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IBA: Indianapolis Bar Foundation Awards Academic and Educational Scholarships

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The Indianapolis Bar Foundation recently awarded seven scholarships to both law students and to individuals preparing to take the Indiana Bar Exam in summer 2013.

Three academic scholarships were presented to assist students during their law school career. The following students received academic scholarships in 2013:

Rosalie F. Felton Scholarship: Michelle Langdon, student at the Indiana University Robert H. McKinney School of Law

Hon. William E. Steckler Scholarship: Kelli Liggett, student at the Indiana University Robert H. McKinney School of Law

Neil E. Shook Scholarship: Roya Parter, student at the Indiana University Robert H. McKinney School of Law

In addition to these academic scholarships, four individuals received educational scholarships for the IndyBar’s summer 2013 Indy Bar Review course. IndyBar Review, the only bar exam preparation course offered by a bar association in the country, will prepare these individuals to sit for the Indiana Bar Exam in July 2013. Individuals receiving educational scholarships in 2013 are:

Christopher Gines

Andrea Kochert

Brandon Tate

Adam Willfond

The next scholarships to be awarded will be educational scholarships to be applied to the winter 2013 IndyBar Review course. Visit www.indybar.org to access application materials, which are due Nov. 1.

The Indianapolis Bar Foundation, the charitable arm of the Indianapolis Bar Association, is a community-focused leader of the local legal profession. The foundation’s ongoing grants and programs are maintained solely through the generosity and energy of its directors, fellows and donors. The assistance provided to students through IBF funded scholarships is a key component in the organization’s mission to advance justice and lead positive change in Indianapolis through philanthropy, education and service.•

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  1. Poor Judge Brown probably thought that by slavishly serving the godz of the age her violations of 18th century concepts like due process and the rule of law would be overlooked. Mayhaps she was merely a Judge ahead of her time?

  2. in a lawyer discipline case Judge Brown, now removed, was presiding over a hearing about a lawyer accused of the supposedly heinous ethical violation of saying the words "Illegal immigrant." (IN re Barker) http://www.in.gov/judiciary/files/order-discipline-2013-55S00-1008-DI-429.pdf .... I wonder if when we compare the egregious violations of due process by Judge Brown, to her chiding of another lawyer for politically incorrectness, if there are any conclusions to be drawn about what kind of person, what kind of judge, what kind of apparatchik, is busy implementing the agenda of political correctness and making off-limits legit advocacy about an adverse party in a suit whose illegal alien status is relevant? I am just asking the question, the reader can make own conclsuion. Oh wait-- did I use the wrong adjective-- let me rephrase that, um undocumented alien?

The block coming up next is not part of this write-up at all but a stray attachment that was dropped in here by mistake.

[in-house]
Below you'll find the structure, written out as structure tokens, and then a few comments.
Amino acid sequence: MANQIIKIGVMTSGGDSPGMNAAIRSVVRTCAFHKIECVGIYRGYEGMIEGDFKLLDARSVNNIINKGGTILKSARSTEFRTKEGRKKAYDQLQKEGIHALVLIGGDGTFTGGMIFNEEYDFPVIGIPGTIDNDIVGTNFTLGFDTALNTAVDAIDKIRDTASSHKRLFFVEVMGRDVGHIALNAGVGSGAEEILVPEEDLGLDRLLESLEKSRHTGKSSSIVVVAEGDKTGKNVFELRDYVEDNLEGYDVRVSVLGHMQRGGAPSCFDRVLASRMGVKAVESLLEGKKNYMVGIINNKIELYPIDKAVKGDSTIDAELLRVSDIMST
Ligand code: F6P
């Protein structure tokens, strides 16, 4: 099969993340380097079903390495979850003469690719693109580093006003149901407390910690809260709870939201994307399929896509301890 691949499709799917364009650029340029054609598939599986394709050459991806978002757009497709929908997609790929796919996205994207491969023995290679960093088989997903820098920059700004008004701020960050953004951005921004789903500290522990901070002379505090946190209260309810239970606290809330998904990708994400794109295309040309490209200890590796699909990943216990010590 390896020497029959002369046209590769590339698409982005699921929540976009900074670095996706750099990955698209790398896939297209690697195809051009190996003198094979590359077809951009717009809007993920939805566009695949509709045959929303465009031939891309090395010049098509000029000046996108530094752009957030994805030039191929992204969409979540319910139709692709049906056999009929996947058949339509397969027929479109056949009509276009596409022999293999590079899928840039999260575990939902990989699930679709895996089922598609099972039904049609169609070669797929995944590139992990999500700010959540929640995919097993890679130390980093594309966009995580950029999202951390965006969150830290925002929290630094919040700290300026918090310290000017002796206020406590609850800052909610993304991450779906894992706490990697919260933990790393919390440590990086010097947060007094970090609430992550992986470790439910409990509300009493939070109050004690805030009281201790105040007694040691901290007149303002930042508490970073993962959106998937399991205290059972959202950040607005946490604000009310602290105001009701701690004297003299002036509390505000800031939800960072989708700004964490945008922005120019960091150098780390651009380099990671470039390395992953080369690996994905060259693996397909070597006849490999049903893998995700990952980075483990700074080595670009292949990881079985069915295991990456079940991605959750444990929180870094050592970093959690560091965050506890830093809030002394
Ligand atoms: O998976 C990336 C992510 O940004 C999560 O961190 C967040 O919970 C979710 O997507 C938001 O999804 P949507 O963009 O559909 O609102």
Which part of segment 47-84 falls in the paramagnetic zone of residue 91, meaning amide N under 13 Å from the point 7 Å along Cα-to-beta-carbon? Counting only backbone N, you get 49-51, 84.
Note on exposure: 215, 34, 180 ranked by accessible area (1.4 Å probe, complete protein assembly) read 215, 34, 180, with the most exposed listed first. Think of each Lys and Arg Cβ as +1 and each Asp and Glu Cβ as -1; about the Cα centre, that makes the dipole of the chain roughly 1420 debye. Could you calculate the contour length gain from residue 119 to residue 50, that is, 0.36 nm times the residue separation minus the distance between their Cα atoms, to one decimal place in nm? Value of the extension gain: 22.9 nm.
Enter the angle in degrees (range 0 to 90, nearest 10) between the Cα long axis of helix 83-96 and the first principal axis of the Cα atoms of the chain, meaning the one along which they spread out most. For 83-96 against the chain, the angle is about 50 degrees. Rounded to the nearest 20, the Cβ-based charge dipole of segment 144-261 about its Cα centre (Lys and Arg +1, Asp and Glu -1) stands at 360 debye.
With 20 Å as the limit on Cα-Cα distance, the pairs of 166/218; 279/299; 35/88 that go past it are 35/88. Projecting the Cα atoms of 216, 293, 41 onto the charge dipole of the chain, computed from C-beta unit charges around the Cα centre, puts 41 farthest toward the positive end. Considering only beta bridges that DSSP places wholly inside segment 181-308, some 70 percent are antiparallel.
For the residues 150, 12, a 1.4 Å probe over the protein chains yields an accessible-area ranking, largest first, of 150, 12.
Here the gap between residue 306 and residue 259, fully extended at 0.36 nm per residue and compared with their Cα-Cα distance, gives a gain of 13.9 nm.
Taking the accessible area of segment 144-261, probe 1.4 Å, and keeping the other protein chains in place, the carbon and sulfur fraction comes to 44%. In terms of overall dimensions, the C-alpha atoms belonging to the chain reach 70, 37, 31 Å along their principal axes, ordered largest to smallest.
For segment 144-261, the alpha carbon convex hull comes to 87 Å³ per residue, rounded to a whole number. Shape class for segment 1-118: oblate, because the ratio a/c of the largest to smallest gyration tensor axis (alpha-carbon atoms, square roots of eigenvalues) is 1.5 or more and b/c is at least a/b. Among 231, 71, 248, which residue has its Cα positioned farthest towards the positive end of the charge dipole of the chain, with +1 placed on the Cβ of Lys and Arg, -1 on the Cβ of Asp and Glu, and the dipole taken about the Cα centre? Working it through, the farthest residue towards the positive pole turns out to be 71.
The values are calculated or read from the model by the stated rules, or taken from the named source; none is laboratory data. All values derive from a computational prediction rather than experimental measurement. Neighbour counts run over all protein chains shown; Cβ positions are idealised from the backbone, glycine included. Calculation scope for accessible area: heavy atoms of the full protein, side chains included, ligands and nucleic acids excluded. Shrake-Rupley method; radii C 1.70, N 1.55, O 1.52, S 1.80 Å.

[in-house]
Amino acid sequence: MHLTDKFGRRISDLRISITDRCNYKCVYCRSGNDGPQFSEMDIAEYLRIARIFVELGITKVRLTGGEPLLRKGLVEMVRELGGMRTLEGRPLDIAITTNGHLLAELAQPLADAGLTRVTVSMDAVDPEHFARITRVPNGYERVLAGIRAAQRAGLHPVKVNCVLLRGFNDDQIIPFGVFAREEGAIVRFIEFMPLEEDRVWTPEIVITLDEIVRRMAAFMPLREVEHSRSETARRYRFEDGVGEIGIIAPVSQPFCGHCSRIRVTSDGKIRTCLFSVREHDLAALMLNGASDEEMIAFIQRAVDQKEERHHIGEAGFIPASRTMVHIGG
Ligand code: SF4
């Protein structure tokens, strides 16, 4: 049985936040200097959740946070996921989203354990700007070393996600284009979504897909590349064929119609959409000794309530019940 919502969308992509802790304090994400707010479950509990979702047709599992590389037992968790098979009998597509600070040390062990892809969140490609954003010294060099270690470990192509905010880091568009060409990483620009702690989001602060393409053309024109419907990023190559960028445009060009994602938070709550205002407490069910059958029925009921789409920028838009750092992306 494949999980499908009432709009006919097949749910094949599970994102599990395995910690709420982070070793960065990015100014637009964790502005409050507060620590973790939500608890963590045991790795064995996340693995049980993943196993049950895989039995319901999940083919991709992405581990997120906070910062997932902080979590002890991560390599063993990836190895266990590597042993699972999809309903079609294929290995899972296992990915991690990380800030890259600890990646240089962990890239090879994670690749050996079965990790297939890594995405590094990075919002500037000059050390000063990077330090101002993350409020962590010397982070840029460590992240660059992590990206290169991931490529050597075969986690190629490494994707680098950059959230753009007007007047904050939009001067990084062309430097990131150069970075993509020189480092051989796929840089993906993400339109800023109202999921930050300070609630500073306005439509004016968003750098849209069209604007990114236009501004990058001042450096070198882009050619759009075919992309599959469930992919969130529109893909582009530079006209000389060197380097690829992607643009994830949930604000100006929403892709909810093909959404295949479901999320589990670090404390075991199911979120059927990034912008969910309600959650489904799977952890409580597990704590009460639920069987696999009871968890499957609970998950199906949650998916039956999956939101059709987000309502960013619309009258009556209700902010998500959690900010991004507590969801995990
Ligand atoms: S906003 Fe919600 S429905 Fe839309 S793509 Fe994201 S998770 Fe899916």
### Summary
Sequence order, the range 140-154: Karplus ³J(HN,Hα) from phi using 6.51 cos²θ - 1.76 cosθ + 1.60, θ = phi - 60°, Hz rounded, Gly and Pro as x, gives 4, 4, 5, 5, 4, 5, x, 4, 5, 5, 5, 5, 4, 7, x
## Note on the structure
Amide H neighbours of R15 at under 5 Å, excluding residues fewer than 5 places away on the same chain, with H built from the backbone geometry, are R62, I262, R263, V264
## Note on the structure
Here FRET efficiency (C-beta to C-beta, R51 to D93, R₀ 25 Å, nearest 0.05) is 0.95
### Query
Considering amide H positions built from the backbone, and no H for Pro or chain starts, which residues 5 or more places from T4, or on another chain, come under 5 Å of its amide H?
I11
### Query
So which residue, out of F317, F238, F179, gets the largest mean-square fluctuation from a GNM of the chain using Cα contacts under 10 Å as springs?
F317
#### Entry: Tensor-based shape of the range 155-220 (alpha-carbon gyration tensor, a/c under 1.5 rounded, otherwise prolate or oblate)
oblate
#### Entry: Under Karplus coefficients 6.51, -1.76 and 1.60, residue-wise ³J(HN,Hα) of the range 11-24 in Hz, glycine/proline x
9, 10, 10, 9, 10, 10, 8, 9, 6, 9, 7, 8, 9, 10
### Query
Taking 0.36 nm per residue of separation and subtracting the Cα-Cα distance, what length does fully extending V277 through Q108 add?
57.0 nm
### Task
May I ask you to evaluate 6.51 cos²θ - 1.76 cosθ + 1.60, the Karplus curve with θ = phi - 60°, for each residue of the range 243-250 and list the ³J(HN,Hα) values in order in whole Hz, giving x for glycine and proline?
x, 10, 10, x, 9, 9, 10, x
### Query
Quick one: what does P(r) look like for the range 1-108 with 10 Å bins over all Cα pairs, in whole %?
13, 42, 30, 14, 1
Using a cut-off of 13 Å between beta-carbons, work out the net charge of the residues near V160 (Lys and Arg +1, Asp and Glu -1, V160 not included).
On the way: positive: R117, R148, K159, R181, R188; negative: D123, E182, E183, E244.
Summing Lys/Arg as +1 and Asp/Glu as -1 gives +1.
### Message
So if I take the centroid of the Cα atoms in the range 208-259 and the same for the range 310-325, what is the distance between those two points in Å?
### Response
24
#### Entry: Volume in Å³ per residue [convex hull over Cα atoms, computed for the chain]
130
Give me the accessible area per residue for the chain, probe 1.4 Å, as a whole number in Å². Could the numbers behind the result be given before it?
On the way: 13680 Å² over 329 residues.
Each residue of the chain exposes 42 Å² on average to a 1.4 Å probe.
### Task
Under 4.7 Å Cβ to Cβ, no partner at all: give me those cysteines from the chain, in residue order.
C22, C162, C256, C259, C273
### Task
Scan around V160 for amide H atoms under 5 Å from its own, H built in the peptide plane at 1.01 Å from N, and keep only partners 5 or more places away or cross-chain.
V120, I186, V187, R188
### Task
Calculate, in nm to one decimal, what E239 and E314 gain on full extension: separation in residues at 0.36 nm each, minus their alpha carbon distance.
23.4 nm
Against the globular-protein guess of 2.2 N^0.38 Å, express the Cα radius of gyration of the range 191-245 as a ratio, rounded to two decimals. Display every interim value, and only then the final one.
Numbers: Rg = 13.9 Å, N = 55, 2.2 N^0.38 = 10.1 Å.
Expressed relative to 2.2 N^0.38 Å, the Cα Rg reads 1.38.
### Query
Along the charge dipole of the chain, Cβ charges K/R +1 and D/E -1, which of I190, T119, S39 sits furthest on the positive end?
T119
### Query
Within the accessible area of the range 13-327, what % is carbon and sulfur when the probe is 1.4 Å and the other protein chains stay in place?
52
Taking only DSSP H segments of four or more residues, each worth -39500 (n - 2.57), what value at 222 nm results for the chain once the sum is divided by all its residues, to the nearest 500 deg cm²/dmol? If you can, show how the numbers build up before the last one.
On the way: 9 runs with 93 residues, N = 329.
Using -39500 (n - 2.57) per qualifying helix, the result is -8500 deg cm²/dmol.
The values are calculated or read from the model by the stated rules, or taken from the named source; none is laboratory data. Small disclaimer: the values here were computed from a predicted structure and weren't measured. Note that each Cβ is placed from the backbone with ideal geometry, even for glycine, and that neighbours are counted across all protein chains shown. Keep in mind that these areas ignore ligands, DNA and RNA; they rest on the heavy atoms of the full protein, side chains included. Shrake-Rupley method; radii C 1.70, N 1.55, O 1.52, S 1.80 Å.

3. of course the bigger questions of whether or not the people want to pay for ANY bussing is off limits, due to the Supreme Court protecting the people from DEMOCRACY. Several decades hence from desegregation and bussing plans and we STILL need to be taking all this taxpayer money to combat mostly-imagined "discrimination" in the most obviously failed social program of the postwar period.

  4. You can put your photos anywhere you like... When someone steals it they know it doesn't belong to them. And, a man getting a divorce is automatically not a nice guy...? That's ridiculous. Since when is need of money a conflict of interest? That would mean that no one should have a job unless they are already financially solvent without a job... A photographer is also under no obligation to use a watermark (again, people know when a photo doesn't belong to them) or provide contact information. Hey, he didn't make it easy for me to pay him so I'll just take it! Well heck, might as well walk out of the grocery store with a cart full of food because the lines are too long and you don't find that convenient. "Only in Indiana." Oh, now you're passing judgement on an entire state... What state do you live in? I need to characterize everyone in your state as ignorant and opinionated. And the final bit of ignorance; assuming a photo anyone would want is lucky and then how much does your camera have to cost to make it a good photo, in your obviously relevant opinion?

  5. Seventh Circuit Court Judge Diane Wood has stated in “The Rule of Law in Times of Stress” (2003), “that neither laws nor the procedures used to create or implement them should be secret; and . . . the laws must not be arbitrary.” According to the American Bar Association, Wood’s quote drives home this point: The rule of law also requires that people can expect predictable results from the legal system; this is what Judge Wood implies when she says that “the laws must not be arbitrary.” Predictable results mean that people who act in the same way can expect the law to treat them in the same way. If similar actions do not produce similar legal outcomes, people cannot use the law to guide their actions, and a “rule of law” does not exist.

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